Wage growth is insufficient to prevent labour outflow from Belarus
As of June 2017, salaries in Russia were USD 279 higher than salaries in Belarus. When wages in Belarus decrease to 65% of wages in Russia, labour migration to Russia from Belarus increases. Provided that lay offs persist in Belarus amid labour shortage in Russia, the wage gap would increase and Belarusian workers in Russia would rise beyond 700,000 people.
In June 2017, wage paid in Russia totalled USD 713, while in Belarus – USD 424. Over the past 12 months, wages in Russia increased by 19% or by USD 114, in Belarus, the increase was USD 55 or 15%. In most economic sectors, wages in Russia were higher than at Belarusian enterprises and in some industries, such as oil extraction and refining and air transport, at least twice as high. In Belarus, wage growth was due to the president’s order and ensured by reduced working days. In Russia, wage growth was never a political task.
The ratio of salaries in Russia and Belarus has a significant impact on the labour migration from Belarus. Salaries in Belarus are 50% to 80% of those in Russia. When the ratio is some 75%-80%, labour migration to Russia reduces, which swiftly ends when another round of devaluation. When the ratio is 50% to 65%, labour outflow from Belarus to Russia grows again. As of June 1st, 2017, according to the FMS, more than 670,000 Belarusians were working in Russia.
In 2017, due to the economic recovery in Russia and higher oil prices, wage growth dynamics restored in both, Russia and Belarus. That said, the labour situation is different in both states. In Belarus, in January – June 2017, 35 700 workers more were laid off than hired. Those laid off had not registered as unemployed, so as official unemployment reduced from 0.8% to 0.7% by July 1st, 2017. Meanwhile, Russia has a labour shortage and the lowest unemployment rate since late 2015 (according to the ILO methodology). That said, wages in Russia are likely to grow at a faster pace than in Belarus and the ratio is likely to prompt labour migration from Belarus to Russia, as well as the preservation of the lay-off policy in Belarus, which could increase Belarusian labour migrants in Russia up to 700 000 people. In addition, most qualified workers from Belarus could consider labour migration to the EU, which offers a more attractive salary as compared with Belarus and Russia.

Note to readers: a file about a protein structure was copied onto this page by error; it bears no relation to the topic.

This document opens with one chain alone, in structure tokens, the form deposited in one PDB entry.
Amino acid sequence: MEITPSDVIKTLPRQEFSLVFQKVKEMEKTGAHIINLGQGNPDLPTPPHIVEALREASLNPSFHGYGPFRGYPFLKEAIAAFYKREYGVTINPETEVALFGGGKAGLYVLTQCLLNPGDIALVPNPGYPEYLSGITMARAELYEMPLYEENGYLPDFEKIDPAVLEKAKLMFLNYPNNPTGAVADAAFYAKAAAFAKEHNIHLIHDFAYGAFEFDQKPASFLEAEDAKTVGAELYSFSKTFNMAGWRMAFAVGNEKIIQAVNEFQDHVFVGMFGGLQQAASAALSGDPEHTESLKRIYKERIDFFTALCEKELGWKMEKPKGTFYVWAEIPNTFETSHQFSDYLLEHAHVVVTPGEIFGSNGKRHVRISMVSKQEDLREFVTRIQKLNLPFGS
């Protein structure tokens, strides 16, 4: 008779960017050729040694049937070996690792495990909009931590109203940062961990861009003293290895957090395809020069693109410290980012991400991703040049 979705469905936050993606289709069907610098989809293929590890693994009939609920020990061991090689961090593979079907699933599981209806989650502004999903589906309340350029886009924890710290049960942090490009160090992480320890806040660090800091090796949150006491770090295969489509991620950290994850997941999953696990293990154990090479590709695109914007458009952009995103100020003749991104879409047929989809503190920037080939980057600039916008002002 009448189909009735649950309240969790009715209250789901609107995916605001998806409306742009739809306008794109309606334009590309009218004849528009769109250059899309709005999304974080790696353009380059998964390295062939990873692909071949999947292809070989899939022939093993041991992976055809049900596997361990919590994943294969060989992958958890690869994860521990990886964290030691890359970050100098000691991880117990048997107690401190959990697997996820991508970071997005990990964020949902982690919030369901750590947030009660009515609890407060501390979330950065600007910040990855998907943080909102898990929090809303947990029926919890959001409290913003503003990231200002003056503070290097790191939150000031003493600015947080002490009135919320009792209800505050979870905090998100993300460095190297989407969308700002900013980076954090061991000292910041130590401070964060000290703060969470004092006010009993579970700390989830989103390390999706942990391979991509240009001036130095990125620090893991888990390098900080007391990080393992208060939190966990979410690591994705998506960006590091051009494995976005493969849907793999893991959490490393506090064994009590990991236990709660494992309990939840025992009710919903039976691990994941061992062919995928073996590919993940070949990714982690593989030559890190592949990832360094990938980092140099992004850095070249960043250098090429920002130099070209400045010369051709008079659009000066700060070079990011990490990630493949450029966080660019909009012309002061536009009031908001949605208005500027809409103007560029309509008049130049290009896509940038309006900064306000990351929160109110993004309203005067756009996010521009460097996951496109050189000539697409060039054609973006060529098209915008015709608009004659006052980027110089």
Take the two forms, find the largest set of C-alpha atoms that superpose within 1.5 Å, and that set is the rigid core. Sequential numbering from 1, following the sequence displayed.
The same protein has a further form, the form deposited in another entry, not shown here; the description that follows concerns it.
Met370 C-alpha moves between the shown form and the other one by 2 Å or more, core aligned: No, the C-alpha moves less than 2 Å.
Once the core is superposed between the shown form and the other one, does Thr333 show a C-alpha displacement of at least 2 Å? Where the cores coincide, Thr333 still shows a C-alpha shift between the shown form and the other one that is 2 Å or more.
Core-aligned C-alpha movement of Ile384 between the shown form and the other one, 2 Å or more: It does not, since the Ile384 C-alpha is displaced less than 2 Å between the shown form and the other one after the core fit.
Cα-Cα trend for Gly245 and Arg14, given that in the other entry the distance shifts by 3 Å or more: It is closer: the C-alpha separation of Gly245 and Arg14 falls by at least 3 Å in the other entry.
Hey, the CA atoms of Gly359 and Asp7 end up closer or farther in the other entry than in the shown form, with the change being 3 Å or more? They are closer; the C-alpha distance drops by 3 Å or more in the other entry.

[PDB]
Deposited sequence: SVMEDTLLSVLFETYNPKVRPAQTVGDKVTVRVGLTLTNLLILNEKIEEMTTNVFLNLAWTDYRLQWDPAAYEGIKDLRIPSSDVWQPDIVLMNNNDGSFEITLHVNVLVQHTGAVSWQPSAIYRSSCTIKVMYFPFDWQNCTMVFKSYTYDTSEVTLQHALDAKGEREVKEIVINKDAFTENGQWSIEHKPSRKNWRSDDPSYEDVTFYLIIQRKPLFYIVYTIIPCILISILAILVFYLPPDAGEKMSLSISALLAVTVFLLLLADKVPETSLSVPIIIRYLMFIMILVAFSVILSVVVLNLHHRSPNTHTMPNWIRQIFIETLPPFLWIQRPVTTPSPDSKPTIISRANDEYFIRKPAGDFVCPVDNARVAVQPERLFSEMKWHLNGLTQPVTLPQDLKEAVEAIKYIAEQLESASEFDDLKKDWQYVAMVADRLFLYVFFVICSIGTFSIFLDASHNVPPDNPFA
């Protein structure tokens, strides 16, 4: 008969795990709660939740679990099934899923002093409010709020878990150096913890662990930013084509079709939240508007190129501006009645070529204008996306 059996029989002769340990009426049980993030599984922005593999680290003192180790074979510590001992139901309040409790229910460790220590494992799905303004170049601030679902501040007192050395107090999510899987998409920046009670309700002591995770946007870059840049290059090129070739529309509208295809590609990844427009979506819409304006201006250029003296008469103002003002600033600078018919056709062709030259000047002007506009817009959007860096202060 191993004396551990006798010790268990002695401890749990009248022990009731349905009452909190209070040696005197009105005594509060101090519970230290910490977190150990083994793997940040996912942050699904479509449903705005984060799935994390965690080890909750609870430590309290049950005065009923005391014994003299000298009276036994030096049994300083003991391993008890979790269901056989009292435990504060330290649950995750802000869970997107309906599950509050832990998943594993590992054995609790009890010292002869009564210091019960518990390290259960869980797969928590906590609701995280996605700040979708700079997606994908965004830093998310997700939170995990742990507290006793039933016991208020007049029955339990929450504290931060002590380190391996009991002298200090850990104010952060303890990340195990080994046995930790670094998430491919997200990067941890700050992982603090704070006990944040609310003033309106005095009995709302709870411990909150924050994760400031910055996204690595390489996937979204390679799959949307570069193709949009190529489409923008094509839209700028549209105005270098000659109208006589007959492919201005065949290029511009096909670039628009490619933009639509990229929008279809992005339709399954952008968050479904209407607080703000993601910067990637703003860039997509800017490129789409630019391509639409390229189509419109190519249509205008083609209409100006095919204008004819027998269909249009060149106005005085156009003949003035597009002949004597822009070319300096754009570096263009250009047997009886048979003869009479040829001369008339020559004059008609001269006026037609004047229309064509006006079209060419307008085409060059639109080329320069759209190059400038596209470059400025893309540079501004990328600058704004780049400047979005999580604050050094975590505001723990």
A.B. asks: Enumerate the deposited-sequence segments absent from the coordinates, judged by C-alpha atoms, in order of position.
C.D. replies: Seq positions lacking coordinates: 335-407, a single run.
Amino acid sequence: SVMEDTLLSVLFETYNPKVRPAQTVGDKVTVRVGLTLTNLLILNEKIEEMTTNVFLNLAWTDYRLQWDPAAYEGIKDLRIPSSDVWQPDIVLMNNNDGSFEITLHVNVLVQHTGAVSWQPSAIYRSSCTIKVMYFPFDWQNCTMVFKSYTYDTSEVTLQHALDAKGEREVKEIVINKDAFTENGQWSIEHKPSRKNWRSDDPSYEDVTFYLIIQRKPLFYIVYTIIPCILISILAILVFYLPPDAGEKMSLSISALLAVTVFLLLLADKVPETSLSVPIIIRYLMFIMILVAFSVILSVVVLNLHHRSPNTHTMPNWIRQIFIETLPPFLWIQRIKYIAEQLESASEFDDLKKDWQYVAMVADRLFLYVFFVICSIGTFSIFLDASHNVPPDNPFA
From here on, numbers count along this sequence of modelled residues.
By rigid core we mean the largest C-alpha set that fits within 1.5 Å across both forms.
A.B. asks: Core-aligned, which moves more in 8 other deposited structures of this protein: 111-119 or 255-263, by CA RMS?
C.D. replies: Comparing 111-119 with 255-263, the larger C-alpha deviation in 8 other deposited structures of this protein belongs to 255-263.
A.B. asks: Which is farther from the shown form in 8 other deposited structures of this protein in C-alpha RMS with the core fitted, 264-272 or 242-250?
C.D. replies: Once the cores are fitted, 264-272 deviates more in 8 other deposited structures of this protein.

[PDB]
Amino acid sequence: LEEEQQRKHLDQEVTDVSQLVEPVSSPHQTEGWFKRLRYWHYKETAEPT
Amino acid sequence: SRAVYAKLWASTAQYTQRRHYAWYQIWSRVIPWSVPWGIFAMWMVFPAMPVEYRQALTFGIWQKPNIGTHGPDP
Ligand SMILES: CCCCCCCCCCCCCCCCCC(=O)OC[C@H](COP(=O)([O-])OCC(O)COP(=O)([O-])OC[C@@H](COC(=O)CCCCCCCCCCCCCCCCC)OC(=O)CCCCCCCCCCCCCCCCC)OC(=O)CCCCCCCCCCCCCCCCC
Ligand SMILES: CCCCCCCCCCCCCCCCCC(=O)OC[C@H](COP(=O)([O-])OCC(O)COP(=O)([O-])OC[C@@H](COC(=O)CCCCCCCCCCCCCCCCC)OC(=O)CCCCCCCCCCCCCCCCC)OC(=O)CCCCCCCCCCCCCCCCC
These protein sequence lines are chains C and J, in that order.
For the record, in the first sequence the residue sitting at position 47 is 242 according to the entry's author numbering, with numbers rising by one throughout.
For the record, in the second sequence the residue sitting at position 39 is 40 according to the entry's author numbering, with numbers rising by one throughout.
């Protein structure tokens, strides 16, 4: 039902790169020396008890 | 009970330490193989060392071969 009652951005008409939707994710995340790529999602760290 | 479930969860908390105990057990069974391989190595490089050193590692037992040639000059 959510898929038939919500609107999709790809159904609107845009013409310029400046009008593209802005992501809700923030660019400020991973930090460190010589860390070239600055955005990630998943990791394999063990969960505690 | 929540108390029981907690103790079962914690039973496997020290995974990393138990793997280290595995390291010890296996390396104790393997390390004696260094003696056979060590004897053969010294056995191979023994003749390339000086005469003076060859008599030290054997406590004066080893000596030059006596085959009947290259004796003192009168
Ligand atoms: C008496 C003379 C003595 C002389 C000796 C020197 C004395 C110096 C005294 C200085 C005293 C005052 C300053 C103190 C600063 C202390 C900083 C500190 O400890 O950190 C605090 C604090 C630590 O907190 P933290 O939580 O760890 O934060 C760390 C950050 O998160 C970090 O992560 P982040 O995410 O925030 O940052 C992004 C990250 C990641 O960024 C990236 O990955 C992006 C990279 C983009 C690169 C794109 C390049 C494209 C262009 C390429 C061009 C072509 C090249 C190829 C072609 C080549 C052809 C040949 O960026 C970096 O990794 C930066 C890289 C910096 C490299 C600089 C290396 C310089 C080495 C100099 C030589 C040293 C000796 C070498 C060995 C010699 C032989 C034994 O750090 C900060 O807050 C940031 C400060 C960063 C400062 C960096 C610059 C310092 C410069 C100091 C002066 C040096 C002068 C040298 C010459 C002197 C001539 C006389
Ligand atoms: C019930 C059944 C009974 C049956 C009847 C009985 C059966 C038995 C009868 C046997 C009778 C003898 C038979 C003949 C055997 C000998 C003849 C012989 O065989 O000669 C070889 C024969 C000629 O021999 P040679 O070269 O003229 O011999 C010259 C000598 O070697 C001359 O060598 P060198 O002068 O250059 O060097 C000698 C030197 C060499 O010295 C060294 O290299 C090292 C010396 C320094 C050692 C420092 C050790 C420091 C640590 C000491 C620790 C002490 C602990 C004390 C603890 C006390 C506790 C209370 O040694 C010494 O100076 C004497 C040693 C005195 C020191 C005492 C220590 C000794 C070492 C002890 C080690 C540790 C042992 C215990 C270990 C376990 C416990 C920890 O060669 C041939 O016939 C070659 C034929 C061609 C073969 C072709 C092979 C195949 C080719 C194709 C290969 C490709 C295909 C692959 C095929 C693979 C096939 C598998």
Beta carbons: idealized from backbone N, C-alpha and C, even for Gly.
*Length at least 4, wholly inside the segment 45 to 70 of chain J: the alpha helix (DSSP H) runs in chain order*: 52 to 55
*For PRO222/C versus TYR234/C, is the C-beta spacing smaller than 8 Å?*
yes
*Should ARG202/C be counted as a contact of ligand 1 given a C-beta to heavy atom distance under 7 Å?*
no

Despite administrative efforts, wage growth in Belarus is slower than in Russia. Amid labour shortage in Russia, the potential for wage growth on the Russian labour market is likely to boost labour migration from Belarus.
The Belarusian authorities regard the Catholic conference as yet another international event to promote Minsk as a global negotiating platform. Minsk’s proposal to organise a meeting between the Roman-Catholic Church and the Russian Orthodox Church is rather an image-making undertaking than a serious intention. However, the authorities could somewhat extend the opportunities for the Roman-Catholic Church in Belarus due to developing contacts with the Catholic world.
Minsk is attempting to lay out a mosaic from various international religious, political and sportive events to shape a positive image of Belarus for promoting the Helsinki 2.0 idea.
Belarus’ invitation to the head of the Holy See for a meeting with the Patriarch of the Russian Orthodox Church should be regarded as a continuation of her foreign policy efforts in shaping Minsk’s peacekeeping image and enhancing Belarus’ international weight. The Belarusian authorities are aware that their initiative is unlikely to find supporters among the leadership of the Russian Orthodox Church in Moscow. In Russia, isolationist sentiments prevail.
In addition, for domestic audiences, the authorities make up for the lack of tangible economic growth with demonstrations of growth in Minsk’s authority at international level through providing a platform for religious, sportive and other dialogues.